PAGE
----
Volume 50, Number 4, April 2013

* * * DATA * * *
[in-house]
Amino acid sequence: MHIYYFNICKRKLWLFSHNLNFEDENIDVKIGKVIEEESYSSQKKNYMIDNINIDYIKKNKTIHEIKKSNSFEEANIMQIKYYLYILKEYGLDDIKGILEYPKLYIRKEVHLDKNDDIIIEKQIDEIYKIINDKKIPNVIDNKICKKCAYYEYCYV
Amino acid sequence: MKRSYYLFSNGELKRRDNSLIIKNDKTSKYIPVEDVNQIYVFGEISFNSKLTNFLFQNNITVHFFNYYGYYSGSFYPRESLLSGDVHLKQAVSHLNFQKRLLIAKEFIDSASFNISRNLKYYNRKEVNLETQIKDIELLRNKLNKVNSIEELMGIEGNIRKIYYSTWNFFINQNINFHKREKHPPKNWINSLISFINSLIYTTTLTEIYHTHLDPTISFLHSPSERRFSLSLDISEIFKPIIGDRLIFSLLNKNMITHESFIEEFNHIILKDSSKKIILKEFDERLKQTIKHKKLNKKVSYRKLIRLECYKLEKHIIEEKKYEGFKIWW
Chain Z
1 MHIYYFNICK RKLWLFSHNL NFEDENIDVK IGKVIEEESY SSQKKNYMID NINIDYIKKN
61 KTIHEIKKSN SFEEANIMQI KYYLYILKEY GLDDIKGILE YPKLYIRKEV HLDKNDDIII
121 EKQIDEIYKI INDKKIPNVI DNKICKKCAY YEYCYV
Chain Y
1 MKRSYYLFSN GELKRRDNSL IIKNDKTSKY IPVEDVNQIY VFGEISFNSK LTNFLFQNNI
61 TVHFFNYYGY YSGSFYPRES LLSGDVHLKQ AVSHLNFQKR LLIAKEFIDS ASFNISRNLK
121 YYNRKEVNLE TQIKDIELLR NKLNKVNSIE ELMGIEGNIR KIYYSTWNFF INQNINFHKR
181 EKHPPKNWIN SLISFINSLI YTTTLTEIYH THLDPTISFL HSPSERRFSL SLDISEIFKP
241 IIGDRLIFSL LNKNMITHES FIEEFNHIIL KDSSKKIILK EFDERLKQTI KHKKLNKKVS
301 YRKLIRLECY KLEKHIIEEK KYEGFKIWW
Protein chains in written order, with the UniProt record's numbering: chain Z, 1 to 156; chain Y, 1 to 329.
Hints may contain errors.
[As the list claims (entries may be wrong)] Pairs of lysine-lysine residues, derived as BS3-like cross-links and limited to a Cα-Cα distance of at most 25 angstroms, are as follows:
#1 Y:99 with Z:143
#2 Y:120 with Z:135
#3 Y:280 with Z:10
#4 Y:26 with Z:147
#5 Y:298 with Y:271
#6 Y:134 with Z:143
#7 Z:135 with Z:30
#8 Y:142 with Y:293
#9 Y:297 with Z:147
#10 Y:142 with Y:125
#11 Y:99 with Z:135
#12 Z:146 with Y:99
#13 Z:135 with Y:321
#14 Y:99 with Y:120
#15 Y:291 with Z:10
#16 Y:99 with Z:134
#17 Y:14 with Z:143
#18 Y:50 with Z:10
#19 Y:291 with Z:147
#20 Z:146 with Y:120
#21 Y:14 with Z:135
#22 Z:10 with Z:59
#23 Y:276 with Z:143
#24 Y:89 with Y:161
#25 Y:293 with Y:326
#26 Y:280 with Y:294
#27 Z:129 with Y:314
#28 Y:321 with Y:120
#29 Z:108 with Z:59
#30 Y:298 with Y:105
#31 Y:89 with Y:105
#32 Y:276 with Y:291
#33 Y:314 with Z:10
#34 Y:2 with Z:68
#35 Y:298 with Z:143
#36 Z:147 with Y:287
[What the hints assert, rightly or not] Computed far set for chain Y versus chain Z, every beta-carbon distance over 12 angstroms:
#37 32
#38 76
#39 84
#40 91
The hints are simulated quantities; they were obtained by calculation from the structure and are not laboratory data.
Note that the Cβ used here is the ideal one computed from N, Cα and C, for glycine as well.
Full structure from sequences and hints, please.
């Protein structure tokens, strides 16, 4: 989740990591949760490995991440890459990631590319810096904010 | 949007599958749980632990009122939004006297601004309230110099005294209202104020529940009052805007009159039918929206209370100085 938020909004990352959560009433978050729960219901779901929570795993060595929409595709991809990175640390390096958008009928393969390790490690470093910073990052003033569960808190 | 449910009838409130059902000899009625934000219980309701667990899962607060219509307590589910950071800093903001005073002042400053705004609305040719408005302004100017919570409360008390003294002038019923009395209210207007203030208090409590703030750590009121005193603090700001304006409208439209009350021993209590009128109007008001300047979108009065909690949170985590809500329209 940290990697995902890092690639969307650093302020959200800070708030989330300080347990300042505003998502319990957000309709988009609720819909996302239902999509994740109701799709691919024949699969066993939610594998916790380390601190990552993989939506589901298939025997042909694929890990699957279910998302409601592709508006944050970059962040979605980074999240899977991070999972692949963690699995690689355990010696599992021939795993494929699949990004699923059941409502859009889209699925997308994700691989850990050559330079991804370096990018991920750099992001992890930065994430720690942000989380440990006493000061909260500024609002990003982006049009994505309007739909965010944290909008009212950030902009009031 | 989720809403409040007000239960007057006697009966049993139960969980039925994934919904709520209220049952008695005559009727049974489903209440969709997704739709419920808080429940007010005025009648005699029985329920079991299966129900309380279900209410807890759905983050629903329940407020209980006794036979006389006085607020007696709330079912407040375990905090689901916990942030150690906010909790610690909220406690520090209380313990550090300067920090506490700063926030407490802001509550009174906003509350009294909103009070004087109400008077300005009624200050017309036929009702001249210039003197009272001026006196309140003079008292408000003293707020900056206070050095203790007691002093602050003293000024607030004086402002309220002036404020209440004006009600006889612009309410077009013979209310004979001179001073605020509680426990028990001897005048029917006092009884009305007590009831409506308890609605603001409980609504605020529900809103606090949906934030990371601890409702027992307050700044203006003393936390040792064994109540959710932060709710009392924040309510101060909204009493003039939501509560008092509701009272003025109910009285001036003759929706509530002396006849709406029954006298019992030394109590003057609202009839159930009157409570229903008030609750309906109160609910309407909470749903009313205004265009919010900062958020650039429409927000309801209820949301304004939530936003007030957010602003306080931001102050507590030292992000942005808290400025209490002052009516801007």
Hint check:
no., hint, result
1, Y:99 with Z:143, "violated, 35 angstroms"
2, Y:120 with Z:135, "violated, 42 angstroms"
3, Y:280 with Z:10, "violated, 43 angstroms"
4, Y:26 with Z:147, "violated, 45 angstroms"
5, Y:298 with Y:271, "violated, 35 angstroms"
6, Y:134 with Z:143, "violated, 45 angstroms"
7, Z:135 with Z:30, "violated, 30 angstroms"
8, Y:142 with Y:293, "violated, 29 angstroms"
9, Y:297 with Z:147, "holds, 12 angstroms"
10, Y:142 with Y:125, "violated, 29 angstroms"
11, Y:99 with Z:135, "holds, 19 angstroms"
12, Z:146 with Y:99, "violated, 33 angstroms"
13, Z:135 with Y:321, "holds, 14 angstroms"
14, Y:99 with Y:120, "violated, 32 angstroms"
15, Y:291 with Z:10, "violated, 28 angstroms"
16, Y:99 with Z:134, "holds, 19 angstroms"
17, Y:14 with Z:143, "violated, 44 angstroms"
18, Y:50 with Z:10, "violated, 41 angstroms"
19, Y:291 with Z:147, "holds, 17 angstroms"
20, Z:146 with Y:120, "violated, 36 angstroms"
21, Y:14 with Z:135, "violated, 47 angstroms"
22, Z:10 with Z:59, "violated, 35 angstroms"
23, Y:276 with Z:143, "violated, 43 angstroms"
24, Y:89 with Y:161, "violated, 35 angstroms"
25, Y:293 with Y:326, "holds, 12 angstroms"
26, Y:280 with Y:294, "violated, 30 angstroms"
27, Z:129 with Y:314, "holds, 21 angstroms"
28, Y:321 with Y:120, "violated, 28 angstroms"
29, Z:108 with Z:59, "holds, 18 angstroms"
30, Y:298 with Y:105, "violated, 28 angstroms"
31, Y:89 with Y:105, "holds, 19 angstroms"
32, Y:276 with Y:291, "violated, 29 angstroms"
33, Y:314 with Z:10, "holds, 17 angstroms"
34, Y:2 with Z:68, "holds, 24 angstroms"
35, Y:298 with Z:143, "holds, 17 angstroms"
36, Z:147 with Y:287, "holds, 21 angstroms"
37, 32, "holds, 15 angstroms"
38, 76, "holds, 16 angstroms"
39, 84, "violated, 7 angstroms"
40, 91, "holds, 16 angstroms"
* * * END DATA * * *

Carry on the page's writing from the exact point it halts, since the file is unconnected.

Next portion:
A winning way? A FEW months ago I wrote an Editorial piece encouraging local numismatic societies to boost membership, and indeed the hobby in general, by holding “open days” or organising fairs to bring the general public into the fold and teach them more about these funny little pieces of metal and paper that we numismatists and notaphiles are so obsessed with. I am certain that given a little bit of education more people would find coins and notes as fascinating as we do. So far a number of societies have come forward and said they are planning things and the Worthing and District Society has gone one further and are staging their first ever coin fair. The event will take place on Sunday, May 19, at the Chatsworth Hotel, The Steyne, Worthing BN11 3DU and I urge all those collectors in the south east not only to attend but to encourage those who have never been to a coin fair, indeed who may only have a passing interest in coins, to attend too. Now of course, I wouldn’t normally use this “comment” as a blatant advertising slot but as I was the one who first mooted the idea of societies organising such things I feel duty bound to give them a plug here! Of course, I wasn’t the first one to think of a link between societies and fairs, and, as has been pointed out to me a couple of times this year already, a number of clubs and societies are already very active with their local fair. The Yorkshire Numismatic Society, one of the most pro-active around, with their regular newsletter they send out to members, is heavily involved with the York Coin Fair every January and July, and of course in Dublin every year the Irish Numismatic Society takes a table at the popular coin and stamp fair and is always a great attraction (so too does COIN NEWS). This year they had a superb “A-Z of Numismatics” aimed purely at those people attending the fair who were new to the hobby. From the response seen at the table such a display, and the knowledge of those manning the table, was very welcome and those who took the trouble to actually ask questions and study what was on offer went from being just curious to being actively interested. Many who attended the Dublin show did so specifically to sell coins—that is always the way at this particular show, especially on the Sunday, and critics of the “Open Day” idea have pointed out that many members of the public will use such events purely as free valuation days and that they will have no real interest in numismatics but rather how much they can get for their jam-jar full of pennies. But is that so bad? Surely everybody has to start somewhere and what better way to start than by finding out that the 1905 shilling is worth more than its 1906 counterpart, or that had you taken that silver 1944 threepence as a present from your grandmother rather than the fun-looking brass one from the same year, you would actually have a far more collectable coin? There is nothing wrong with people wanting to know “what it’s worth” and half the collectors in the world have that interest as a central premise to their collecting habits. So when I see people flooding into the Dublin venue to get valuations and to sell their coins, I know that some of them at least will leave a little more interested in the hobby. So I wish the Worthing and District Numismatic Society well and I applaud the efforts of the respective societies at York and Dublin and apologise to those of you who do similar things who I have overlooked. However, to those of you who have yet to organise something or have yet to take a table at your local show, I ask “what’s stopping you?”. So the public treat it like a big free valuation day and only bring in coins to dispose of. But don’t look at that as a bad thing. At the very worst you’ll get a chance to add to your collections; at the best you’ll encourage a whole new batch of collectors. Win/win I think!
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